Patients with advanced HCC tend to be relatively fit with preserved liver function.2 Symptoms tend to be vague and can include fatigue, unexplained weight loss, nausea, disturbed sleep, altered bowel function, and jaundice.13,14 HCC is an aggressive cancer and, when diagnosed at an advanced stage, curative treatment become unavailable and systemic management options are limited 1,4

Progress has been made in 1L systemic treatment of HCC in recent years


Timeline showing major positive and negative trials and studies
regarding hepatocellular carcinoma treatment from 2007 to 2023.

* Optional round of TACE after curative intervention allowed.
Estimated enrolment.
The use of this product has EMA authorisation and funding conditions from the HNS.
§The atezolizumab indication in combination with bevacizumab is funded by the HNS for the treatment of adult patients with advanced or unresectable hepatocellular carcinoma who have not received prior systemic therapy, with liver function (Child-Pugh stage A), an ECOG score of 0 or 1, in the absence of untreated or undertreated esophagogastric varices and in the absence of autoimmune diseases.
‖The reflected information refers to the bevacizumab data sheet; in case of administering another bevacizumab, the corresponding data sheet should be consulted.
¶In China only.
**The use of this product has EMA authorisation but is pending for obtaining funding conditions from HNS.
††Does not currently have EMA authorisation. This figure contains research data from products without EMA authorisation, with the only purpose of medical education. SEARCH study: sorafenib + erlotinib vs sorafenib + placebo. Trials in bold supported an approval.


Since 2017, new systemic therapies for advanced HCC have become available, resulting in a major paradigm shift in the treatment pathway.29 Patient survival following systemic treatment is expected at >2 years.2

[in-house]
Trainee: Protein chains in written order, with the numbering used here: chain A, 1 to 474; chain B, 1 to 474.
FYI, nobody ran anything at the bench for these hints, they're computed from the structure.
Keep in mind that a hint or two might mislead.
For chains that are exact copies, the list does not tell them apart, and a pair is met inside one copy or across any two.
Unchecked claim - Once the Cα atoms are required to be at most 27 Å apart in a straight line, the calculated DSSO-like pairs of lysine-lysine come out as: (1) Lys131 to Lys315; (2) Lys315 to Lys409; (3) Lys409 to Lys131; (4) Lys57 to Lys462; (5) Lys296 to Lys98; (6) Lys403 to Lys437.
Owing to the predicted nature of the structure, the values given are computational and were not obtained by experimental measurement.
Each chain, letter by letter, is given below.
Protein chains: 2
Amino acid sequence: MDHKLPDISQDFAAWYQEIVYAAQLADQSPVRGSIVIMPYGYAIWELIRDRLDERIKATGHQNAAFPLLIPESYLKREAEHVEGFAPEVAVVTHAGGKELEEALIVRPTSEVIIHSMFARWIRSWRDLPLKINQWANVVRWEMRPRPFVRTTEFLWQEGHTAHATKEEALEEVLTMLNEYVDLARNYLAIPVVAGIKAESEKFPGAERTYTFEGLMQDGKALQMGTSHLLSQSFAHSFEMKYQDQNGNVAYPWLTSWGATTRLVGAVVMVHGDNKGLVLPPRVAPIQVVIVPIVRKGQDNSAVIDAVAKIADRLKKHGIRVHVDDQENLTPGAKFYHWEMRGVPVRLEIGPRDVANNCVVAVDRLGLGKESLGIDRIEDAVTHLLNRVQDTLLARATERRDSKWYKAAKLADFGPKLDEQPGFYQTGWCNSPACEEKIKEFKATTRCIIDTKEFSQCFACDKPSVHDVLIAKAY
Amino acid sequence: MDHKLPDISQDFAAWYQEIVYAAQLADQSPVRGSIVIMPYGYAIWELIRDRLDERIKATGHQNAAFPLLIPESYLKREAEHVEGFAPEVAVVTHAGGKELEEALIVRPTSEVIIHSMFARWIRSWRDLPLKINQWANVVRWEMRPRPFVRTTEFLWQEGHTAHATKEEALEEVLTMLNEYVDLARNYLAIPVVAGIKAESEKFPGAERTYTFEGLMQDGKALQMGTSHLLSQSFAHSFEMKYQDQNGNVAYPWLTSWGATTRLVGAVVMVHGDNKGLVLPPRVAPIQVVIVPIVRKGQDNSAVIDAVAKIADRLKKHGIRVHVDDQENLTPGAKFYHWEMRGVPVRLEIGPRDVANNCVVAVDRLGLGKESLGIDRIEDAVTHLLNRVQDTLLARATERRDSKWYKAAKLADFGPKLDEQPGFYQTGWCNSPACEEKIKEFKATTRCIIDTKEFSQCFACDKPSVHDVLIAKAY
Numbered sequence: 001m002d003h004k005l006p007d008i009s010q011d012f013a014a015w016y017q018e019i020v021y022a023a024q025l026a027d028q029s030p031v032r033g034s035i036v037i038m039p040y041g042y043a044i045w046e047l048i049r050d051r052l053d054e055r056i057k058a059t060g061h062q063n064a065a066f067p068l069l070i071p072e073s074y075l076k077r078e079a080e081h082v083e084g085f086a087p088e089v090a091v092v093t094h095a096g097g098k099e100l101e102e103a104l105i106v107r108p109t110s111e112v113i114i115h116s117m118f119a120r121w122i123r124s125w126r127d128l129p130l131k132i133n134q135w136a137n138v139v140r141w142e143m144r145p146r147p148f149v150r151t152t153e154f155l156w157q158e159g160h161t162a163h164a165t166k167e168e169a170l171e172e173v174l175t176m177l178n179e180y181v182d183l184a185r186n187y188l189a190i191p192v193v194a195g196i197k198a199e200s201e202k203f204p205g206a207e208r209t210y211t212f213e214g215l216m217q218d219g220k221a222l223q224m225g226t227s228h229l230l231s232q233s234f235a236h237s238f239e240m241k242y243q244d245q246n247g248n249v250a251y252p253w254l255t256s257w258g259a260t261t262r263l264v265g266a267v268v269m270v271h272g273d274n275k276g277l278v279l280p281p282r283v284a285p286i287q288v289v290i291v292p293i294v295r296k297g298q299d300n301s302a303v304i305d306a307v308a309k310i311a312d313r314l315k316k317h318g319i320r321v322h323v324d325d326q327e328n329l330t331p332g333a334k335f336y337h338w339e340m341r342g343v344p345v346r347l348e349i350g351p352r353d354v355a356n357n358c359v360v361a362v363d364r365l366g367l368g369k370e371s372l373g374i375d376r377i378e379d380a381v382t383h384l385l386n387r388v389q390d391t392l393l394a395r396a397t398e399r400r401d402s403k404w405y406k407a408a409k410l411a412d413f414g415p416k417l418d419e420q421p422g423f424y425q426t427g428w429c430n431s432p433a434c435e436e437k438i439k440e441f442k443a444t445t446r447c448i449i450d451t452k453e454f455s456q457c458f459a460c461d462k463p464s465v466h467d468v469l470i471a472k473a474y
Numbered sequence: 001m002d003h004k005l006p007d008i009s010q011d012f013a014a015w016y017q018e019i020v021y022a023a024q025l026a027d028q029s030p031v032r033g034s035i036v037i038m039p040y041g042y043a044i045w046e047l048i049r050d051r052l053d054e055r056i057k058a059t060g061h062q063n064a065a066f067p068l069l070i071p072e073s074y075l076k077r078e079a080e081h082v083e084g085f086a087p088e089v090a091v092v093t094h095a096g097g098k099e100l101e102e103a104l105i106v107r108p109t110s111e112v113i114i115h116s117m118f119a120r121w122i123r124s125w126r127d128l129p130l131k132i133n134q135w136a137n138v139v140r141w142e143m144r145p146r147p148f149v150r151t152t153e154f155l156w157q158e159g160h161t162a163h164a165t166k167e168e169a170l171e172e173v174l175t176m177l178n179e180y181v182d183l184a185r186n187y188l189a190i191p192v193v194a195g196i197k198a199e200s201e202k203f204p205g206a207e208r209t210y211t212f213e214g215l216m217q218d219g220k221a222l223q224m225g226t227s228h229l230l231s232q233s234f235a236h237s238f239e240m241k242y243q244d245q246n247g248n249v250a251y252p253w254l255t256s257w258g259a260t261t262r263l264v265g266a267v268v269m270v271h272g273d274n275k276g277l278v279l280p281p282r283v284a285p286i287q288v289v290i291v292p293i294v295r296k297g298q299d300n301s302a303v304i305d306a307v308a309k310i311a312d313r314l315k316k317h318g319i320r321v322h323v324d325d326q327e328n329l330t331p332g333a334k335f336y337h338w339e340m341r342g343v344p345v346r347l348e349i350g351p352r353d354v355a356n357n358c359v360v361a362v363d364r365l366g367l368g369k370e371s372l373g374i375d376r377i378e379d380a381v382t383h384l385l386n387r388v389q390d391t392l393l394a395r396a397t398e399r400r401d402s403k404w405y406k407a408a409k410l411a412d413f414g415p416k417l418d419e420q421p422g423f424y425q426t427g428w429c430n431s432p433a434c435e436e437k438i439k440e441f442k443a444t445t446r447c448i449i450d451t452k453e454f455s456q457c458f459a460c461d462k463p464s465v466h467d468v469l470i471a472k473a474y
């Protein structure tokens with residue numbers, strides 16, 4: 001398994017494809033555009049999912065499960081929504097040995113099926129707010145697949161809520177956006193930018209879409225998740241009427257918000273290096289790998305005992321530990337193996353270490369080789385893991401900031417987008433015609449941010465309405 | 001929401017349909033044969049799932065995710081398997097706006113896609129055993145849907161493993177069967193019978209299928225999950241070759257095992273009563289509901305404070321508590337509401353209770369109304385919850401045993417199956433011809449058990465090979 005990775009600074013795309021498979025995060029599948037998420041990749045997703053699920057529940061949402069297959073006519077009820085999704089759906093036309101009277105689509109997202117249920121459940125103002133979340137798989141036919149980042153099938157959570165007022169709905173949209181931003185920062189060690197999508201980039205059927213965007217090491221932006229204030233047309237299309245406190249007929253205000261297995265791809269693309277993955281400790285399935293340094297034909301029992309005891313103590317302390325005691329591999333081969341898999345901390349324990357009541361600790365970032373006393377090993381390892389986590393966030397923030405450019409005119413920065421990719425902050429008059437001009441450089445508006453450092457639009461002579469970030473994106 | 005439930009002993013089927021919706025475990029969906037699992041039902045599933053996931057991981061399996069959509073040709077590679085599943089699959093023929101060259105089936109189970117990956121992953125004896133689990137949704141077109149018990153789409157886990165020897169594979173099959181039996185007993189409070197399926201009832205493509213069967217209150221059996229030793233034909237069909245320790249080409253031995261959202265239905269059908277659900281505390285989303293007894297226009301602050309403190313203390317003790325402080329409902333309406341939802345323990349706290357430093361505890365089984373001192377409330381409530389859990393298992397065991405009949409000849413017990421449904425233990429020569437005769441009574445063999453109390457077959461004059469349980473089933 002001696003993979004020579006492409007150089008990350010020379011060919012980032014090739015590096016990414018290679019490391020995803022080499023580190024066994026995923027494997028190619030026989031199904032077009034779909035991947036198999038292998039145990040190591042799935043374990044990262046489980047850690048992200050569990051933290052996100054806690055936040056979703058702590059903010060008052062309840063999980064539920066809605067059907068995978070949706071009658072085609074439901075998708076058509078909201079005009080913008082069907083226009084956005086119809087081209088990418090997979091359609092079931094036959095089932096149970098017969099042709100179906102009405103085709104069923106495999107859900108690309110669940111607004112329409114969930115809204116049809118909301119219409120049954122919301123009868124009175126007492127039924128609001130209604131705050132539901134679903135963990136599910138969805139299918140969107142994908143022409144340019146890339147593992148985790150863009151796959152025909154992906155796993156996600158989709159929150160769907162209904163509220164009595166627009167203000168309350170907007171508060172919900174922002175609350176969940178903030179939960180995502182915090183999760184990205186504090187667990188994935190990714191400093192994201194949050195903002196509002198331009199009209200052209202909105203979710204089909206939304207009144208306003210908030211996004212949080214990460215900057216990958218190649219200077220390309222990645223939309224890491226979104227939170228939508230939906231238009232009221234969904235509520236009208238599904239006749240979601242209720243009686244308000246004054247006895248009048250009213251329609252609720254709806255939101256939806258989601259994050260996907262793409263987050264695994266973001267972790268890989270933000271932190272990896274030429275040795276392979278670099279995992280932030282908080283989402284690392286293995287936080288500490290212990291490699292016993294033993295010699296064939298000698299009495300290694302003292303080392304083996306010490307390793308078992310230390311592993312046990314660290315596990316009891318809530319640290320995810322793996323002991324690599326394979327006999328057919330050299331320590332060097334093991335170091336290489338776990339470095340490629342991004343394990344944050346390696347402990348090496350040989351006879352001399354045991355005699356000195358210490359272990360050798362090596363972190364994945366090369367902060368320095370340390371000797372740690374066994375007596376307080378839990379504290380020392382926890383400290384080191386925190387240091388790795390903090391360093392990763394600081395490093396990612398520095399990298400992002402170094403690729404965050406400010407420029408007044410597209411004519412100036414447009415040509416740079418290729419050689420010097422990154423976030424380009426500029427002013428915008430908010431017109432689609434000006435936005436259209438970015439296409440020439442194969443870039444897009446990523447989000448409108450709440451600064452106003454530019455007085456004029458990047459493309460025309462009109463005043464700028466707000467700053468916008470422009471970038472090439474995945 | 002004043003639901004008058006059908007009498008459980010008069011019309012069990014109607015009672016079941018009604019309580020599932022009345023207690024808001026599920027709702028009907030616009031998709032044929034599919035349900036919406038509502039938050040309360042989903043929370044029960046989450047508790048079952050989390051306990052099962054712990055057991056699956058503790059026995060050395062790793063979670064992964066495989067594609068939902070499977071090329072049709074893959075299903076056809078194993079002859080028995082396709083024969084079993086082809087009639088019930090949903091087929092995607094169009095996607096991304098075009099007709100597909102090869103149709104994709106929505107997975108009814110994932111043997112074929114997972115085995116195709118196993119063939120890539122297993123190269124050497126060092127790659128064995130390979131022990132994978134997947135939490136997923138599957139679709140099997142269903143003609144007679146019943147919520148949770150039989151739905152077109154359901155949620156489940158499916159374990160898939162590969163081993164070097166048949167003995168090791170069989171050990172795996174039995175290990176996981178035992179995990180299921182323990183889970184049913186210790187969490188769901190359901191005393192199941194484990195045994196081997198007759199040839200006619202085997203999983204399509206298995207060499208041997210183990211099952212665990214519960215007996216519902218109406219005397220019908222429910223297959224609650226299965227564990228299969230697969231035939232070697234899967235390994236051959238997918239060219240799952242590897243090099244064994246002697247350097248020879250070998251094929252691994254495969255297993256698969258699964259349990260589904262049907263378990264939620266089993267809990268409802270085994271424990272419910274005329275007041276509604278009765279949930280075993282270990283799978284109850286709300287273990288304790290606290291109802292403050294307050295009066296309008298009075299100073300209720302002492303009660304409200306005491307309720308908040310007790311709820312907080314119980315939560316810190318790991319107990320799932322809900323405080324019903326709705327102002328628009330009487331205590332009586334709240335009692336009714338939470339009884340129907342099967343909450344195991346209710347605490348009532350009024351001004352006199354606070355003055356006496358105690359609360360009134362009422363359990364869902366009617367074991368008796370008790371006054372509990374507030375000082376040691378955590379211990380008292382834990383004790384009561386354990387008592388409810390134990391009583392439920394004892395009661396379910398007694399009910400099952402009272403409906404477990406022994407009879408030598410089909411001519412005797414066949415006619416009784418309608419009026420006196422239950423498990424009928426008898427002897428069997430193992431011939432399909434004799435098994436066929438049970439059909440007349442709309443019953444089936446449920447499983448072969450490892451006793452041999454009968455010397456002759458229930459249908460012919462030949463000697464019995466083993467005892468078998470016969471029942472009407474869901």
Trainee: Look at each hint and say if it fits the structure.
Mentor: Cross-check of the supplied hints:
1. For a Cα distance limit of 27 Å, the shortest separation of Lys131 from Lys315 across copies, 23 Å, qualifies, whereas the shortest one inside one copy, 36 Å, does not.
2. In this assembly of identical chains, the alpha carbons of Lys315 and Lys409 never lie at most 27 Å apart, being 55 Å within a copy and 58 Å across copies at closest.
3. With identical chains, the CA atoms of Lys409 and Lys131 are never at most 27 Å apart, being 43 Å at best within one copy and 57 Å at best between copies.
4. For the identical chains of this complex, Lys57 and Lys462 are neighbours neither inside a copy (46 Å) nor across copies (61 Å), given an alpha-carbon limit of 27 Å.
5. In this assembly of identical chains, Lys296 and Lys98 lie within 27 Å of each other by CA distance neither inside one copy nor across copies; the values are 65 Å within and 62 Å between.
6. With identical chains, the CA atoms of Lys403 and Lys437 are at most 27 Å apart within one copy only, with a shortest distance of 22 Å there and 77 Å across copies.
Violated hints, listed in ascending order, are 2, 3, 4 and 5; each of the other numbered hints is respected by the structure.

Boxes containing information about 4 different global trials on advanced stage hepatocellular carcinoma. The trials are CHECKMATE 9DW, JUPITER 11, NCT0419775, IMbrave 152, SKYSCRAPER 14.

Terminal stages

Patients with terminal stage HCC have major cancer-related symptoms, usually with impaired liver function. Due to the HCC burden associated with terminal stage disease, liver transplantation is not feasible, and additional non-HCC-related factors combine to provide poor short-term survival.2

Treatment of terminal stage HCC does not change expected survival and is of limited benefit. In such instances, management of symptoms and best supportive care (including palliative care) are mandatory.Patients with terminal stage HCC may be expected to survive approximately 3 months with best supportive care.2

MDT approach to HCC care


Establishment of an HCC MDT is associated with improved time to diagnosis and treatment.30

OS, overall survival; RFS, recurrence-free survival



1. Llovet JM, et al. Nat Rev Dis Primers. 2021;7(1):6.

2. Reig M, et al. Journal of Hepatology 2022;76:681–93.

3. Yang JD, et al. Nat Rev Gastroenterol Hepatol 2019;16(10):589–604.

4. Zhu X-D, et al. Genes & Diseases 2020;7:359–69.

5. Kardashian A, et al. Hepatology. 2023;77:1382–1403.

6. Ginès P, et al. Hepatology. 2022;75(1):219–22.

7. Vogel A, et al. Ann Oncol. 2021;32(6):801–5.

8. Roayaie S, et al. Hepatology 2013;57(4):1426–35.

9. Hack SP, et al. Future Oncol 2020;16(15):975–89.

10. Imamura H, et al. J Hepatol 2003;38:200–7.

11. Jung S-M, et al. J Gastrointest. Surg 2019;23(2):304–11.

12. NCCN Clinical Practice Guidelines in Oncology. Hepatocellular Carcinoma V1.2023.

13. Norman EML, et al. Eur J Cancer Care. 2022;31:e13672.

14. Singal AG, et al. PLoS Med 2014;11:e1001624.

15. Llovet JM, et al. N Engl J Med 2008;359:378–90.

16. Cheng AL, et al. J Clin Oncol 2013;31:4067–75.

17. Zhu AX, et al. J Clin Oncol 2015;33:559–66.

18. Cainap C, et al. J Clin Oncol 2015;33:172–9.

19. Kudo M, et al. Lancet 2018;391:1163–73.

20. Yau C, et al. Lancet Oncol 2022;23:149–60.

21. Finn RS, et al. N Engl J Med 2020;382:1894–905.

22. Ren Z, et al. Lancet Oncol 2021;22:977–90.

23. Qin S, et al. J Clin Oncol 2021;39:3002–11.

24. Kelley RK, et al. Lancet Oncol 2022;23:995–1008.

25. Abou-Alfa GK, et al. N Engl J Med Evidence 2022;1:EVIDoa2100070.

26. Finn RS, et al. Ann Oncol 2022;33(Suppl 7):S808–69.

27. Kudo M, et al. Ann Oncol 2022;33(Suppl 7):S808–69.

28. Qin S, et al. Ann Oncol 2022;33(Suppl 7):S808–69.

29. Su T-H, et al. Liver International. 2022;42:2067–79.

30. Yopp AC, et al. Ann Surg Oncol 2014;21(4):128–95.